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18 Cards in this Set

  • Front
  • Back
Mechanism of Action for Albuterol (al byoo’ ter ole)
Albuterol, as well as terbutaline, selectively activates beta2-receptors, and thus causes fewer cardiac effects than less selective adrenergic agonists.
Mechanism of Action for Amphetamine (am fet’ a meen)
Amphetamine induces the release of catecholamines from adrenergic synapses.
Mechanism of Action for Atenolol (a ten’ oh lole)
Atenolol is a selective beta1-receptor antagonist have an intermediate half-life (4 to 9 hrs).
Mechanism of Action for Atropine (a’ troe peen)
Selectively antagonizes muscarinic receptors (limited to the peripheral effects at clinical doses)
Mechanism of Action for Baclofen (bak’ loe fen)
Baclofen activates presynaptic GABA-B receptors that restrict calcium influx, thereby decreasing release of excitatory neurotransmitters, and it activates postsynaptic GABA-B receptors that increase potassium conductance, thereby hyperpolarizing the membrane, thus further enhancing the inhibitory effect.
Mechanism of Action for Bromocriptine (broe moe krip’ teen)
Bromocriptine is a potent agonist of D2 receptors, which are said to open potassium channels via the Gi coupling protein.
Mechanism of Action for Capsaicin (kap say’ uh sin)
Capsaicin causes the release of peptide substance P from sensory neurons.
Mechanism of Action for Clonidine (kloe’ ni deen)
Clonidine activates presynaptic alpha2-receptors in the vasomotor center of the brainstem. These receptors restrict calcium influx, thereby decreasing the release of norepinephrine, thus reducing sympathetic outflow from the CNS, resulting in the antihypertensive effects of decreased cardiac output and reduced peripheral vascular resistance.
Mechanism of Action for Cocaine (koe kane’)
Cocaine inhibits dopamine transporter (DAT), norepinephrine transporter (NET), and serotonin transporter (SERT) allowing these catecholamines to remain in the synaptic cleft longer, thus potentiating neurotransmission at adrenergic synapses.
Mechanism of Action for Naloxone (nal’ ox ohn)
Naloxone antagonizes opioid effects by competing for mu, kappa, and sigma opiate receptor sites in the CNS, having the greatest affinity for the mu receptors.
Mechanism of Action for Nicotine (nik’ oh teen)
Agonist at both NN and NM receptors
Mechanism of Action for Ondansetron (on dan’ se tron)
Ondansetron is a competitive, highly selective antagonist of the uniquely ionotropic, 5-HT3 receptors. Stimulation of 5-HT3 receptors activates the vomiting center of the brain, thus blocking these receptors results in an antiemetic effect.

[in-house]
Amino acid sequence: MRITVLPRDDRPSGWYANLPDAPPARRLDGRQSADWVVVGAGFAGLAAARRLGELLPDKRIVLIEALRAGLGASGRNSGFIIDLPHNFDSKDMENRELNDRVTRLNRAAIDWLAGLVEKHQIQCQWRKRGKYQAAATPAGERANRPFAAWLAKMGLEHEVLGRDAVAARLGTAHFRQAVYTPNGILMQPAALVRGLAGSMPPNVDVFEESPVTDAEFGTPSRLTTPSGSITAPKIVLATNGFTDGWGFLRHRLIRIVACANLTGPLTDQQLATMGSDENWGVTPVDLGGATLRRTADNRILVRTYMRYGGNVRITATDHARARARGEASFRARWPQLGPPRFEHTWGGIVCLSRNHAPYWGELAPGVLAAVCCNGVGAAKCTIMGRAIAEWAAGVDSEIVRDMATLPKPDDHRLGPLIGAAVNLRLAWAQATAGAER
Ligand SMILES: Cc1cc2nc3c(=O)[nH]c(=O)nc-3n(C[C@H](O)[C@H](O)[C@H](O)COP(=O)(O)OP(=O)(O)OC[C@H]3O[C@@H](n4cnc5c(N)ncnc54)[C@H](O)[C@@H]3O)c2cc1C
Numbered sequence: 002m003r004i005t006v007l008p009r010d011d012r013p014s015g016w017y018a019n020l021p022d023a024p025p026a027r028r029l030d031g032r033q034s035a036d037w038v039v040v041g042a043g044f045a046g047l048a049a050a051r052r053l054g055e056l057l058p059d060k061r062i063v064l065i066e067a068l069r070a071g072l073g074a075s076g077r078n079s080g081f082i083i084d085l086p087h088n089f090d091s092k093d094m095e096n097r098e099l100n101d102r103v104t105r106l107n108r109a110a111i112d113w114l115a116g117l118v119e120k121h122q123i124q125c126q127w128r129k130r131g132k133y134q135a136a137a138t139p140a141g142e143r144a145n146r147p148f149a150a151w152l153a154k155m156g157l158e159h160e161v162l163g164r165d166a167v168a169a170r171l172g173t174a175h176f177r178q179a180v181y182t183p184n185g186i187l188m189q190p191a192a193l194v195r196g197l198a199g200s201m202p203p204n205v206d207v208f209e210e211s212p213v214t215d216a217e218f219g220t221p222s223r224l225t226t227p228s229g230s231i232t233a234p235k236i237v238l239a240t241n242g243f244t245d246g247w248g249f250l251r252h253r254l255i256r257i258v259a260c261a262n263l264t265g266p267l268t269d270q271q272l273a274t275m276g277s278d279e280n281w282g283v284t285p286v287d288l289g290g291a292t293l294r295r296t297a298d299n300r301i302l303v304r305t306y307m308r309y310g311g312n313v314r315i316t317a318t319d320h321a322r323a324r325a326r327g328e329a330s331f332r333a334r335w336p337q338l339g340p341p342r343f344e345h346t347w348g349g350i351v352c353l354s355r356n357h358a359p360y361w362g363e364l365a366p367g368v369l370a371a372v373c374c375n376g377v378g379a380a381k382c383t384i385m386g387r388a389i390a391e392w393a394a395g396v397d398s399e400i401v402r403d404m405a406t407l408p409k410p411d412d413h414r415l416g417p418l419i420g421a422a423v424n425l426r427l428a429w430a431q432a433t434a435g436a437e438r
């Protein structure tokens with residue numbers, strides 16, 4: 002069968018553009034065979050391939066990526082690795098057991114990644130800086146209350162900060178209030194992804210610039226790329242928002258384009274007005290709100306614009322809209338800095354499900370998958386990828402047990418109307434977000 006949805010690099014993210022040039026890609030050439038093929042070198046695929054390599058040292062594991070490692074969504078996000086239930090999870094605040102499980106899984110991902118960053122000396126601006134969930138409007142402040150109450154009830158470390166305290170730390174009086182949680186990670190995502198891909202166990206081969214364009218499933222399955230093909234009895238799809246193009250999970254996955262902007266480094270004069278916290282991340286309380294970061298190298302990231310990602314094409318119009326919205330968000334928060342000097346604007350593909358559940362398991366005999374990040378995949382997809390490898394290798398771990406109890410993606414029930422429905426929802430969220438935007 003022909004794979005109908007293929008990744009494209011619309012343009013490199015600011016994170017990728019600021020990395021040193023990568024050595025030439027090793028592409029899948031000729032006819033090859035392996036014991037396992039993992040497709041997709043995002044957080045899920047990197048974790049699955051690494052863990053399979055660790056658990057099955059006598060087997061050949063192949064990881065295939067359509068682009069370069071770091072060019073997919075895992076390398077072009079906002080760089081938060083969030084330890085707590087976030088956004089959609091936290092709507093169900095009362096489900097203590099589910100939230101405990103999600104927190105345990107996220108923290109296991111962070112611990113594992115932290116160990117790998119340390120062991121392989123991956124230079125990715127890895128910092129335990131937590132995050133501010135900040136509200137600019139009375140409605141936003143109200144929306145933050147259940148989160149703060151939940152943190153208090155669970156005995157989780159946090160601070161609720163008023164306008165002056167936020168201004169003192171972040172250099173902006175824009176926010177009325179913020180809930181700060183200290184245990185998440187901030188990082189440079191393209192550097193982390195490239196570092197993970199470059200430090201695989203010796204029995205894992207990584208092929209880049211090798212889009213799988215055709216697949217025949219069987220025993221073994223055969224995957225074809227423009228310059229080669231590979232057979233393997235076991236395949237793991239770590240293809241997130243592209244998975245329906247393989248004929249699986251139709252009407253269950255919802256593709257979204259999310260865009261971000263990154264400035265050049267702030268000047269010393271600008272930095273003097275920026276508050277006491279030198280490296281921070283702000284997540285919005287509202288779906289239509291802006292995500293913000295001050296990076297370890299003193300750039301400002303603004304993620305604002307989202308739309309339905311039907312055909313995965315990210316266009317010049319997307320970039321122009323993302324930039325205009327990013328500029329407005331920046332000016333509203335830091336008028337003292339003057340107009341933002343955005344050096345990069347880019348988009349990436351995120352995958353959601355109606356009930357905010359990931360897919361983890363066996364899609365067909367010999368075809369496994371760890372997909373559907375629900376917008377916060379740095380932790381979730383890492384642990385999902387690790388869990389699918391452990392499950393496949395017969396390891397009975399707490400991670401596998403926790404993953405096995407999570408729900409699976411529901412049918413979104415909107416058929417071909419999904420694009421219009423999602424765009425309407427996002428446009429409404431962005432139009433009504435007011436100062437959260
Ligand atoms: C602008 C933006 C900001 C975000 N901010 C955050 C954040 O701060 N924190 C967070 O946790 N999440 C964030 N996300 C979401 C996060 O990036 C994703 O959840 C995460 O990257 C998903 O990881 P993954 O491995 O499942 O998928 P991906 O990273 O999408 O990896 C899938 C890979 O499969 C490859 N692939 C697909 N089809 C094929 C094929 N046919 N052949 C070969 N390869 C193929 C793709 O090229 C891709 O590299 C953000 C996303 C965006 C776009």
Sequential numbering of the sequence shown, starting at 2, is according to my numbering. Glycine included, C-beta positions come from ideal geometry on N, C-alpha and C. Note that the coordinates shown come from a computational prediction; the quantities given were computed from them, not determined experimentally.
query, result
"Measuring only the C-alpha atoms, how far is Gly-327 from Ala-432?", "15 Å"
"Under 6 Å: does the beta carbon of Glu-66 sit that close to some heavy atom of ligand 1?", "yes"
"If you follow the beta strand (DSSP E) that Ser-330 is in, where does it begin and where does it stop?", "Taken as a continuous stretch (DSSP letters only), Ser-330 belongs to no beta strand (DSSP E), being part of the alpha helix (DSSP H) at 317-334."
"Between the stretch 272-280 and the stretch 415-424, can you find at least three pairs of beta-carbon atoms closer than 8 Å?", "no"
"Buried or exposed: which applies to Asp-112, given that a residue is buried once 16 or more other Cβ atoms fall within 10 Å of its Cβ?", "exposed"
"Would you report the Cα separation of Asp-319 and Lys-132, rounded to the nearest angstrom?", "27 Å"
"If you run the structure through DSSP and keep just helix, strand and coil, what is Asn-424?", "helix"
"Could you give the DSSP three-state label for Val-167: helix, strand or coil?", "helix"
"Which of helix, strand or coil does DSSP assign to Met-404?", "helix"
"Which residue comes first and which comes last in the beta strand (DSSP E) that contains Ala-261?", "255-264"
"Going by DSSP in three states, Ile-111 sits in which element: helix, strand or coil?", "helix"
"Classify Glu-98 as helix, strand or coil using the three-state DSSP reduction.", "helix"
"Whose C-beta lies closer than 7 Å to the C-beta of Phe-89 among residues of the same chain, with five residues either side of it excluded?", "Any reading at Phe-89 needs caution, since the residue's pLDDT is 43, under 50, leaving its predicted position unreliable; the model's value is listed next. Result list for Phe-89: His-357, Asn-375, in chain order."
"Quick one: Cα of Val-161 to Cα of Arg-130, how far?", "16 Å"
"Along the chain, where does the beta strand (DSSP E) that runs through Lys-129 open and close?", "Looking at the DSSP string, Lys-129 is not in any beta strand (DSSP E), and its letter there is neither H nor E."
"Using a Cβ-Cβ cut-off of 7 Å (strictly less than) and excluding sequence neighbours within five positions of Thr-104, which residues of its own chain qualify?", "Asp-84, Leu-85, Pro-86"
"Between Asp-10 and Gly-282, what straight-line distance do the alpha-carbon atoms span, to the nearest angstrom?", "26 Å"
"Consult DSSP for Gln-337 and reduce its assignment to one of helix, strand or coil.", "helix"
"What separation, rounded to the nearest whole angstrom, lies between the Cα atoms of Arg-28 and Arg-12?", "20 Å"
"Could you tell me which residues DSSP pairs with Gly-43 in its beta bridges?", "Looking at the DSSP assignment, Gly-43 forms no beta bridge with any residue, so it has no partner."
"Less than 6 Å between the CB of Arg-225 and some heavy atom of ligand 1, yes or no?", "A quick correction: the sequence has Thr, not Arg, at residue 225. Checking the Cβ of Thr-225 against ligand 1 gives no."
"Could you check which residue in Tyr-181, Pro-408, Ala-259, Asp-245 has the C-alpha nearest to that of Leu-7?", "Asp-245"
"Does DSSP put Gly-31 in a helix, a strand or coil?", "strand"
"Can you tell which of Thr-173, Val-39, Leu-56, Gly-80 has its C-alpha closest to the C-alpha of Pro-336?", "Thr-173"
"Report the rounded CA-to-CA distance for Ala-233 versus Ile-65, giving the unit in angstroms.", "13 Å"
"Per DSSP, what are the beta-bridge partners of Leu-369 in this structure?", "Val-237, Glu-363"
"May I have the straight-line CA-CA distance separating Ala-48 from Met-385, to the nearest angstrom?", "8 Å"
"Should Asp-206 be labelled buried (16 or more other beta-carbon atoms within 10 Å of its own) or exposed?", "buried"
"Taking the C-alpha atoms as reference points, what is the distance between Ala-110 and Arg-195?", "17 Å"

Mechanism of Action for Phenylephrine (fen il ef’ rin)
Phenylephrine, like oxymetazoline & tetrahydrazoline, is a selective alpha1-receptor agonist.
Mechanism of Action for Prazosin (pra’ zoe sin)
Prazosin, like terazosin & doxazosin, is a selective antagonist of alpha1-receptors in arterioles and veins (1000-fold greater affinity for alpha1 than alpha2).
Mechanism of Action for Ranitidine (ra nye’ te deen)
Ranitidine is an H2 receptor antagonist.
Mechanism of Action for Reserpine (re ser’ peen)
Reserpine irreversibly damages vesicular monoamine transporters (VMAT-1 & VMAT-2) that concentrate NE, serotonin, & dopamine in vesicles, thus leading to their depletion in adrenergic terminals via intraneuronal, mitochondrial MAO metabolism.
Mechanism of Action for Strychnine (strik’ neen)
Strychnine selectively blocks the pentameric receptors of the inhibitory transmitter glycine that hyperpolarizes spinal interneurons – as well as some of the brainstem – via increasing chloride conductance. The removal of that hyperpolarizing effect leads to convulsive action.
Mechanism of Action for Yohimbine (yo him’ bean)
Yohimbine blockades alpha2-autoreceptors in the vasomotor center of the brainstem, preventing them from restricting calcium influx, leading to increased release of NE, enhancing sympathetic outflow from the CNS, stimulating cardiac beta1-receptors and peripheral vasculature alpha1-receptors, causing a rise in blood pressure. Yohimbine also causes increased insulin release through blockade of suppressive alpha2-receptors in the pancreatic islets.